Kearney's application discusses the Supreme Court's recent decision in Blake v. Ross, 578 U.S. ___, 136 S.Ct. 1850 (2016), and while Kearney quotes several passages from the Supreme Court's decision, he does not point to any facts that make Blake applicable to his circumstances. Indeed, Blake overruled the Second Circuit's decision in Hemphill v. New York, 380 F.3d 680, 686 (2d Cir. 2004), which permitted courts to evaluate whether “special circumstances” could excuse a plaintiff's failure to exhaust his administrative remedies. Far from relaxing the Hemphill standard, Ross does the opposite and eliminates “special circumstances” from the exhaustion calculus. Rather, the only relevant consideration now under Ross is whether administrative remedies were “available” to the prisoner.

         In this case, the Court's summary judgment decision analyzed whether Kearney's failure to exhaust his administrative remedies could be excused under the more lenient Hemphill standard, and concluded that there was no basis for such an excusal. Specifically, the Court found that “Plaintiff had the ability to file a grievance regarding his allegations, but chose not to do so. There is no allegation - much less any evidence - that Plaintiff was in any way prevented from accessing the grievance process.” ECF No. 44 at 6. Even if Ross supported Kearney's arguments (which it does not), he could not succeed under the more demanding Ross standard, and in any event, he would still be foreclosed from re-litigating the exhaustion issue under the law of the case doctrine. Further, and as previously stated, “as a general matter, a mere change in decisional law does not constitute an ‘extraordinary circumstance' for the purposes of Rule 60(b)(6).” Marrero Pichardo, 374 F.3d at 56. As such, even if Kearney's claim under Ross had merit (which it does not), it would not form the basis for relief under Rule 60(b)(6).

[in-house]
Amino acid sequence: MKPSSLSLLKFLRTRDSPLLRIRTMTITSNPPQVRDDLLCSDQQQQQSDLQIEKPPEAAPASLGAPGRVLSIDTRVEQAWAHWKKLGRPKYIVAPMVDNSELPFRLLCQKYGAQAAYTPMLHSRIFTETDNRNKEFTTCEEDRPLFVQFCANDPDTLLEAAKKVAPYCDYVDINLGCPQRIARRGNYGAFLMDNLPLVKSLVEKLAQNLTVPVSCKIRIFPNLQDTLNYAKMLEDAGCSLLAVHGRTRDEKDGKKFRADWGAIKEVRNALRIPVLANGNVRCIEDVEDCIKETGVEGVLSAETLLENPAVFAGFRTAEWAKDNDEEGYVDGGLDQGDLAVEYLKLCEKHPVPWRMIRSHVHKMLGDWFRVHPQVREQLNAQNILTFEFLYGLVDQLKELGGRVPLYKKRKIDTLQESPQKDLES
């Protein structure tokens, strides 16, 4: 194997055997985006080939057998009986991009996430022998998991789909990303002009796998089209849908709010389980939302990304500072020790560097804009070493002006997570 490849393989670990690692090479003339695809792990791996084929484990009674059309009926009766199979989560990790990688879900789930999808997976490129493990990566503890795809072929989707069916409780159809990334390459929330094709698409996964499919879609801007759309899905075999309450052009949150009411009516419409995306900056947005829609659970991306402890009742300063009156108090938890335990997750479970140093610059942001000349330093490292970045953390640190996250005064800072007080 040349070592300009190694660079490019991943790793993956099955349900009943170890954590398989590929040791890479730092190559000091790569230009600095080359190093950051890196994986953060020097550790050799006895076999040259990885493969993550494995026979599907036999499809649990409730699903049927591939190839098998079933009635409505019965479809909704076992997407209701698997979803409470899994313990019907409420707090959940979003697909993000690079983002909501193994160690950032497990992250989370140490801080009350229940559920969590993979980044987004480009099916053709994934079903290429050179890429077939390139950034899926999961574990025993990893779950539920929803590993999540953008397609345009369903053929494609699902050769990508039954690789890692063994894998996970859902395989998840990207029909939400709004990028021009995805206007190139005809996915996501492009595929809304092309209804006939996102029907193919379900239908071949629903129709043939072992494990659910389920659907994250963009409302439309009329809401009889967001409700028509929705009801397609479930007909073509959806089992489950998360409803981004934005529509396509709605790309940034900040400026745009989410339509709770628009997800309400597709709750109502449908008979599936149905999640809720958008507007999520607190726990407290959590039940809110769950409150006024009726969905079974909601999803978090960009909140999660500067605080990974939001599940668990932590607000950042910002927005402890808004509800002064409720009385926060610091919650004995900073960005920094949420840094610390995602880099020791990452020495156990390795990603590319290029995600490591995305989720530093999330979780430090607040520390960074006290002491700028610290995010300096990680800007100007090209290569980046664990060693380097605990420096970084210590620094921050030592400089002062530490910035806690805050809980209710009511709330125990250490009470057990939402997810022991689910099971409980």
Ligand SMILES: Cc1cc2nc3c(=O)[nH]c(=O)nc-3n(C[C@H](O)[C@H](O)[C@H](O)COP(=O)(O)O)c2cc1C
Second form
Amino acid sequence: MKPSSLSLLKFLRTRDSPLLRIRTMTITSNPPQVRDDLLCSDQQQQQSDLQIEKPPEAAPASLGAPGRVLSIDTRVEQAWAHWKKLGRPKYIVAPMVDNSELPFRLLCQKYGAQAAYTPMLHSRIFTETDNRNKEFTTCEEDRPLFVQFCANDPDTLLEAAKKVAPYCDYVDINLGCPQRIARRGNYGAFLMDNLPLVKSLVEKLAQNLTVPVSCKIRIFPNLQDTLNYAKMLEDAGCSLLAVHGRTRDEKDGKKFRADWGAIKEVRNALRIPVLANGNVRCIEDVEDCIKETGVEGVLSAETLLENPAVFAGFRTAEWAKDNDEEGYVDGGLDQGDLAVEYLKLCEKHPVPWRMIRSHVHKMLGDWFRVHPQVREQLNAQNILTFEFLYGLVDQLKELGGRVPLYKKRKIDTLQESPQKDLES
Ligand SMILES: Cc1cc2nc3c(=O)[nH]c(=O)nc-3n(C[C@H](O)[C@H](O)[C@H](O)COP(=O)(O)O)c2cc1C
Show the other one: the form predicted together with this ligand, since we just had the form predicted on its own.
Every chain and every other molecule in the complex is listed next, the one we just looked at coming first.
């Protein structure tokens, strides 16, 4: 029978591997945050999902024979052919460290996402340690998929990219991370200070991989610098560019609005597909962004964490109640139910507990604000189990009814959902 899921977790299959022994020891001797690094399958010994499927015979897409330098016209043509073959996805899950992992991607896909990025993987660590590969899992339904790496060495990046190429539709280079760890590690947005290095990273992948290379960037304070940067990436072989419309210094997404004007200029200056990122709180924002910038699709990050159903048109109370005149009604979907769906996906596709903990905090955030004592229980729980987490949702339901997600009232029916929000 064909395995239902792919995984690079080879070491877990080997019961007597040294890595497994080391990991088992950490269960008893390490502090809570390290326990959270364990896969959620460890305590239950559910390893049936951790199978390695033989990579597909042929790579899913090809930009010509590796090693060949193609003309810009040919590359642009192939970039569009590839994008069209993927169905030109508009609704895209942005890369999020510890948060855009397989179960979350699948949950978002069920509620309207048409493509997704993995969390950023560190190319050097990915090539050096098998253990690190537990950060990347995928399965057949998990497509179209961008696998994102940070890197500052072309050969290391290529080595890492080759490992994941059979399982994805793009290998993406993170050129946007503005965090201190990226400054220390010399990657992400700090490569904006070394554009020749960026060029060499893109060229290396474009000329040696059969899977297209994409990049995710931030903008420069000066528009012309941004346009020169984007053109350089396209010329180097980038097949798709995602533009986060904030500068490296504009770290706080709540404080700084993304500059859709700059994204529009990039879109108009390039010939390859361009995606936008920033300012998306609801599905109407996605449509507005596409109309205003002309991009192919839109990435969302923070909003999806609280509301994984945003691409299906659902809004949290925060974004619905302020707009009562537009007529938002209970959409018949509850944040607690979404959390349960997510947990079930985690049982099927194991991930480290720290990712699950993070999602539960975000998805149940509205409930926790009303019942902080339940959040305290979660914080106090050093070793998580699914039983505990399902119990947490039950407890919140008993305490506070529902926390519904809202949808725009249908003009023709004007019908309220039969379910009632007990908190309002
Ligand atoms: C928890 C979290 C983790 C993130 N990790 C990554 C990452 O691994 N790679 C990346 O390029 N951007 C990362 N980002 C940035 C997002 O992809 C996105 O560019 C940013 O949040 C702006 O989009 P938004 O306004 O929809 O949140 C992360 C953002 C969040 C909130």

CONCLUSION

         For all of these reasons, Kearney's motion for relief under Fed.R.Civ.P. 60(b)(6) (ECF No. 50) is without merit, and is therefore DENIED. As it did in 2014, the Court again certifies, pursuant to 28 U.S.C. § 1915(a), that any appeal from this Order would not be taken in good faith and leave to appeal to the Court of Appeals as a poor person is denied. Coppedge v. United States,369 U.S. 438 (1962). Any request to proceed in forma pauperis on appeal should be directed by motion to the United States ...


Buy This Entire Record For $7.95

Download the entire decision to receive the complete text, official citation,
docket number, dissents and concurrences, and footnotes for this case.

Learn more about what you receive with purchase of this case.